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HOME > About the JFBA > The Japanese Judicial System > The Japanese Attorney System

The Japanese Attorney System

Duties of Attorneys

The duties of attorneys are to provide services relating to civil and criminal lawsuits, family matters such as divorce, etc., petitions against administrative agencies, out-of-court settlement negotiations, legal consultations, and other legal services.


The Attorney Act specifies the mission of attorneys as “protecting fundamental human rights and achieving social justice.” In other words, attorneys shall not only render services in the interests of their clients, but also endeavor to protect human rights and achieve social justice through their practices.


In addition, there are neighboring qualifications for specialized practice areas such as tax attorneys, patent attorneys, and judicial scriveners. Nevertheless, the practice areas for such neighboring qualifications are limited to certain fields such as tax matters, patents, and registry services by law and do not have practice areas as broad as those of attorneys.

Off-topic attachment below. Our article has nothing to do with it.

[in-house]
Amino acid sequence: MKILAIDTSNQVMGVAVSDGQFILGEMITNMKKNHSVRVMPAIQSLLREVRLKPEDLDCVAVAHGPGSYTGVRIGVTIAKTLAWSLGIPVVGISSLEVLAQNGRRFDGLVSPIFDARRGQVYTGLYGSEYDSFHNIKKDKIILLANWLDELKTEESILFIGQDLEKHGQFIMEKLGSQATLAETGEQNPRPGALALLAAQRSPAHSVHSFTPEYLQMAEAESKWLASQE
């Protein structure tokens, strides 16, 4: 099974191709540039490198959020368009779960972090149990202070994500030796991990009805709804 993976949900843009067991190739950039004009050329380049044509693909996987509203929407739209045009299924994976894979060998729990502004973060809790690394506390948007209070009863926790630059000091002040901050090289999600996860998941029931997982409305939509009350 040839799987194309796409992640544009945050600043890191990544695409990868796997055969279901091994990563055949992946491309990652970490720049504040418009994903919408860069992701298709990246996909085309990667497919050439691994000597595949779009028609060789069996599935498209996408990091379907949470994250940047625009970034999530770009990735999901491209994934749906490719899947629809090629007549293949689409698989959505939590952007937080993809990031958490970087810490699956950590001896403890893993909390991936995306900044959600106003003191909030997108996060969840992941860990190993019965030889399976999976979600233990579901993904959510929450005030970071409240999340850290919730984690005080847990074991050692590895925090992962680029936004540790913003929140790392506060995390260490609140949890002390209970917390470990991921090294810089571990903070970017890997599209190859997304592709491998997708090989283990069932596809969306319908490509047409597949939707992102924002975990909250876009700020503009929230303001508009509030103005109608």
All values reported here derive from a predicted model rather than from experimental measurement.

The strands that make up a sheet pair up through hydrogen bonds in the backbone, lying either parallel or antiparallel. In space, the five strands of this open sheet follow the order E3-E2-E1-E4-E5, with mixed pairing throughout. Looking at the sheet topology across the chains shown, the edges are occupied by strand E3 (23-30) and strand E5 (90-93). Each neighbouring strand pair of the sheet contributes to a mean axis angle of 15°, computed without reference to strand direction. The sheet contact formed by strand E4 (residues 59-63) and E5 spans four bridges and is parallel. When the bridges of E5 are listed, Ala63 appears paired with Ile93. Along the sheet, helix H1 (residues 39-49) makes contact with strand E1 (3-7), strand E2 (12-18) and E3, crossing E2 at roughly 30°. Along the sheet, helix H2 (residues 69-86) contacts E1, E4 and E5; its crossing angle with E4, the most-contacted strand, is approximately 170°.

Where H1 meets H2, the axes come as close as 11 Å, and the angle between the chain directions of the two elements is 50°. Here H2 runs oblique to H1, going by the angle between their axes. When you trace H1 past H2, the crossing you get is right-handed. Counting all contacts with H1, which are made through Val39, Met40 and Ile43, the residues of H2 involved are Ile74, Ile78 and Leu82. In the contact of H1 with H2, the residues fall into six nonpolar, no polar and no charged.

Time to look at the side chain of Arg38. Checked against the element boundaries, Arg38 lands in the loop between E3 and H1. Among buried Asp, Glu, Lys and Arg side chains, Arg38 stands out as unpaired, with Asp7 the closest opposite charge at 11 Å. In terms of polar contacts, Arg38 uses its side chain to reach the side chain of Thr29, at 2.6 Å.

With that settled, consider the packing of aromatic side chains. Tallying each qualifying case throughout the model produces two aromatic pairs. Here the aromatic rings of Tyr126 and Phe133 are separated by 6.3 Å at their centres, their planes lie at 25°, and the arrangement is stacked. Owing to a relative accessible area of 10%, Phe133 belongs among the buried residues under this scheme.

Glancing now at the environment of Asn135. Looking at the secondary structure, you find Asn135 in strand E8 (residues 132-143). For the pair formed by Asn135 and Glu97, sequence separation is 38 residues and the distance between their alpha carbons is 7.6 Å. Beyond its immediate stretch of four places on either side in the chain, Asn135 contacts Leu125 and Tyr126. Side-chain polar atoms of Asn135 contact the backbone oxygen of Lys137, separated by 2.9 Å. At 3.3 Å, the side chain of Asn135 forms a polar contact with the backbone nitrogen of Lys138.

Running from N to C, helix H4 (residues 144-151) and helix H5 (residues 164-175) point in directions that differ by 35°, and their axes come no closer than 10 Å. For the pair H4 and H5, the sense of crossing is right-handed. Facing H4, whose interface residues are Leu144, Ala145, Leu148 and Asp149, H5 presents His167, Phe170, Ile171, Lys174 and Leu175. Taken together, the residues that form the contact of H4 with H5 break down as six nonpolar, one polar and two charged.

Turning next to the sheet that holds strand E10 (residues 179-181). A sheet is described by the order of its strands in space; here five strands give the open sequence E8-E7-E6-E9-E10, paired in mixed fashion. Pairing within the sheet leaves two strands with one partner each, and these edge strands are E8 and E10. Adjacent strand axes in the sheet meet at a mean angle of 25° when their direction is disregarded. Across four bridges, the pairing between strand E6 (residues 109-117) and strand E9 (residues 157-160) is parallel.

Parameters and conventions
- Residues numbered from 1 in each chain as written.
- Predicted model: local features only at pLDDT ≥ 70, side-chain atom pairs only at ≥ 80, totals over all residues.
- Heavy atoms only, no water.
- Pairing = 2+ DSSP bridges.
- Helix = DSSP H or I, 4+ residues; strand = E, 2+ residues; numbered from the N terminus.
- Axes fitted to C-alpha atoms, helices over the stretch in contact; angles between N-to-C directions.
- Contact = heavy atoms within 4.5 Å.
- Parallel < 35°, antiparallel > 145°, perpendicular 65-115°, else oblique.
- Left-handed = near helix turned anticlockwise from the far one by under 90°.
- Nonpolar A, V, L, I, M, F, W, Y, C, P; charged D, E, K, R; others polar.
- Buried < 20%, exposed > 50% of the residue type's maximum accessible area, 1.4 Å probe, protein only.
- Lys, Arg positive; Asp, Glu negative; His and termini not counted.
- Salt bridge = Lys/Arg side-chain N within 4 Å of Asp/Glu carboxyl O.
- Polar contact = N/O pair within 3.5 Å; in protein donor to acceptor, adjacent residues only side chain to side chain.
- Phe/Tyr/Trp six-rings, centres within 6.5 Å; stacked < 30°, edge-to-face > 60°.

Attorney Qualifications

In order to qualify as an attorney, one must complete a law school curriculum, pass the bar examination, and complete an apprenticeship at the Legal Training and Research Institute.


One may sit for the bar examination after graduating from a law school. The law school system started in 2004, and the law course takes three years in general, or two years for those with basic knowledge of legal studies. Those who cannot go to law schools due to financial difficulties or other reasons may sit for the bar examination by passing a preliminary test (yobi-shiken) introduced in 2011 which anyone can take. Anyone who passes the bar examination can be qualified to legal profession after completing a one-year apprenticeship, in which they need to pass the final examination at the Legal Training and Research Institute of the Supreme Court. The main parts of the apprenticeship are conducted by the District Courts, District Public Prosecutors' Offices, and local bar associations throughout Japan. A practicing attorney cannot concurrently hold office as a judge or a prosecutor at the same time. However, since they all complete the same training of a legal apprentice, it is possible for a judge or a prosecutor to become an attorney and for an attorney to become a judge or a prosecutor.